Darklands: Dublin gangland never looked so dazzling, queasy and unapologetically violent
TV review: MMA fighting and gang crime intersect in Virgin Media’s exciting new show
The unapologetically violent Darklands is filmed with cinematic flourish and queasy realism
Darklands (Virgin Media One, Monday, 9pm), a sombre new Irish crime drama created by filmmaker Mark O’Connor, begins by offering its young protagonist a glimpse at two diverging possibilities. In one, filmed with a cinematic flourish of dazzling lights and cheering crowds, he stands as a taught hero in a prizefighter’s cowl.
In the other, filmed with queasy realism, he is roused from his sleep by a handgun within kissing distance of his face pointed by his younger sister. For a moment, it’s hard to tell which sequence is the dream.
This is Damien Dunne (Dane Whyte O’Hara), an aspiring teenage mixed martial arts star, still in school, and the gun, we quickly learn, belongs to his older brother, Wesley (Damian Gildea). “Probably best not to tell Da,” Wesley reasons, more embarrassed than guilty.
Besides, they have other things to worry about, like Damien’s evening bout. His sister, now safely disarmed, would like to see it. “No, love, it’s too violent for you,” assures their harried mother, Delores (Barbara Bergin).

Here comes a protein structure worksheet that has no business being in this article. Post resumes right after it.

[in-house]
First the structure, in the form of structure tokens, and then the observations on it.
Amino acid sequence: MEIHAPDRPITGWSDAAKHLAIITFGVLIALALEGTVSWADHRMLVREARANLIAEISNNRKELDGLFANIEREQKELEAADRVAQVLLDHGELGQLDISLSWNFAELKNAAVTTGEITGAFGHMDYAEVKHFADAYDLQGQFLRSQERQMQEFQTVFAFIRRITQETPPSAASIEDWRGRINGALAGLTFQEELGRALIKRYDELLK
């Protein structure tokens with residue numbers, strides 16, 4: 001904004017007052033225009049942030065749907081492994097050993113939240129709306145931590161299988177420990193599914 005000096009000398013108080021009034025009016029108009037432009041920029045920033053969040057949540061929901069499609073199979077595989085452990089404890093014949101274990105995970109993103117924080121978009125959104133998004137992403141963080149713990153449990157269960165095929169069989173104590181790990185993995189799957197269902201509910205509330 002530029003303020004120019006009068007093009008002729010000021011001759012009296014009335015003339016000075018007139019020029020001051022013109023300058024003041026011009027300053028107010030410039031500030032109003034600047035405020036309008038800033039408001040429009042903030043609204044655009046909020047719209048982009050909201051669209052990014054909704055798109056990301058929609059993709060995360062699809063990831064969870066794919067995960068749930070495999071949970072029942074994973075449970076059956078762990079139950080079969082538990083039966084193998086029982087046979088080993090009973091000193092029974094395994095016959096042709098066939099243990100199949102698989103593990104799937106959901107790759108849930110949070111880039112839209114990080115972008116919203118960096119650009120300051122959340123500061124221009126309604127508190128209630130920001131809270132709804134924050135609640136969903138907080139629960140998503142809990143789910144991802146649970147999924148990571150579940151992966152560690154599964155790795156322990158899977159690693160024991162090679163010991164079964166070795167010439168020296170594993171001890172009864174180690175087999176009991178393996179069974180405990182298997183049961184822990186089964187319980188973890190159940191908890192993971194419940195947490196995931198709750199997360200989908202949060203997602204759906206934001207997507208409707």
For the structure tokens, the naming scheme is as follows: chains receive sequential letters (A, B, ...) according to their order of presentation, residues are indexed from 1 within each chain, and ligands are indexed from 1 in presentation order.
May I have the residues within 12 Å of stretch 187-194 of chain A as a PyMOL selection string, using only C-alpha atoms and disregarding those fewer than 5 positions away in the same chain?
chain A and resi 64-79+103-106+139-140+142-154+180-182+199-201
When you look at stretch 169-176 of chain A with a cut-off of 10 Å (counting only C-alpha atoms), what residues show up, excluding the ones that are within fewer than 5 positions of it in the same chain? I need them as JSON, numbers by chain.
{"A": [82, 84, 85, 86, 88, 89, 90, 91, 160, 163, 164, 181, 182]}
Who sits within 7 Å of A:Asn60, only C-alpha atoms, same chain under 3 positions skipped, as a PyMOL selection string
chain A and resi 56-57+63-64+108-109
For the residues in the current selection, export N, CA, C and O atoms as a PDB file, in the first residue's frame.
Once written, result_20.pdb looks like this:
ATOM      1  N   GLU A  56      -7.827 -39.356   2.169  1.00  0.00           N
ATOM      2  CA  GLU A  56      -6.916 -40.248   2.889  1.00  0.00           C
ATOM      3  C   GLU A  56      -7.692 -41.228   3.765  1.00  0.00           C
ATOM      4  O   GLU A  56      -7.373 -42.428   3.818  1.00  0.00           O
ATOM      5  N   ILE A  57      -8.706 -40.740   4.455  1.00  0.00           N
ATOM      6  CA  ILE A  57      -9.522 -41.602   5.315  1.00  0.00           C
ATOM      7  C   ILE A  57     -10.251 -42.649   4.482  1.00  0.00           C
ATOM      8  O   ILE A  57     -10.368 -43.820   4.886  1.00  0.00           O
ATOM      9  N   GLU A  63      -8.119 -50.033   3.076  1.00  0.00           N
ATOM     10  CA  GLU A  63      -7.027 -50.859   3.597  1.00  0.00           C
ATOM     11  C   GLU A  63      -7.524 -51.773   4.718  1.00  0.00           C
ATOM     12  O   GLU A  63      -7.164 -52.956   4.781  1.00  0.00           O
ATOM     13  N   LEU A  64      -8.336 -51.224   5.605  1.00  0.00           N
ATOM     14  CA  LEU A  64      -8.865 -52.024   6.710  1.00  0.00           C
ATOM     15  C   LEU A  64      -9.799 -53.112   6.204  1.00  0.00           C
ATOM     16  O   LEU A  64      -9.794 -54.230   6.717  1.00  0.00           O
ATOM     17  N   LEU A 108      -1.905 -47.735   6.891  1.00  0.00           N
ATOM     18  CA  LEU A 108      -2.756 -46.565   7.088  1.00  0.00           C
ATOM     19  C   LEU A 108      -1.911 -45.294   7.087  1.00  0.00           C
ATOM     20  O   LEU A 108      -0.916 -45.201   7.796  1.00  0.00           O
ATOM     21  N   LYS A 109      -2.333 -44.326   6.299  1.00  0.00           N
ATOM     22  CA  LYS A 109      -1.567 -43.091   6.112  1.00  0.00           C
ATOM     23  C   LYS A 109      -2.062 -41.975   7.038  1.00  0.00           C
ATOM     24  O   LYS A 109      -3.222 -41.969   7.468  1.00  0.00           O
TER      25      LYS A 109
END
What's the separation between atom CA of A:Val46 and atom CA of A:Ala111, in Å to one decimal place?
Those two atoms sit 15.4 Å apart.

You have no idea.
Darklands isn’t so keen to protect us from violence, but in its depiction of small-town Dublin gangland, here in Bray, it isn’t in any hurry to titillate us either.
Any show that gives a considerable amount of its running time to the last-minute hunt for a getaway van, or a character’s exhausting Raging-Bull regimen to shed two pounds before a weigh in, is too scrupulous about grounding detail to start sensationalising grubby deeds.
Wesley’s employers, for instance, a brother and sister pair called Butsy (a nicely growling pretender played by Thommas Kane Byrne) and Bernie (Judith Roddy, surly and slow), aren’t criminal royalty but eager opportunists, courting a major player, aware that a Kinahan-style routing has left an opening in the marketplace.
In Damien’s fight scenes, filmed in pummelling close-up or through the shaking mesh of an Octagon fighting cage, violence is unapologetically exciting but also wearying. “Keep the fight standing,” Mark O’Halloran advises as Damien’s watchful coach Paddy. “If he does get you down, just stay calm. You’ll find your way back to your feet.”
Whyte O’Hara, a seasoned fighter but a new actor, is not given to natural display, which suits the character: it’s not until he wins his fight that you finally see his guarded facial expression break into a victorious smile. Like his dream, he might be a hero after all.
If that’s the narrative that co-writers Adam Coates, John Moloney and O’Connor (who also directs) have laid out for him, this hero may be the tragic kind. Paired with local girl Nicola, whose brothers belong to a rival gang, Damian is already a star-crossed lover, trapped by fate even before his brother’s disappearance pushes him closer the life under the gun.
“Do you not feel like an animal in a cage?” his girlfriend asks, perhaps prematurely, of his punishing MMA pursuits. Damien demurs, and both his scenes in the ring and his rhetoric underscore the liberation of discipline and skill. It’s the world his brother has chosen that seems more confining, and the dark intimations of this confident new drama, is that now those walls are closing in.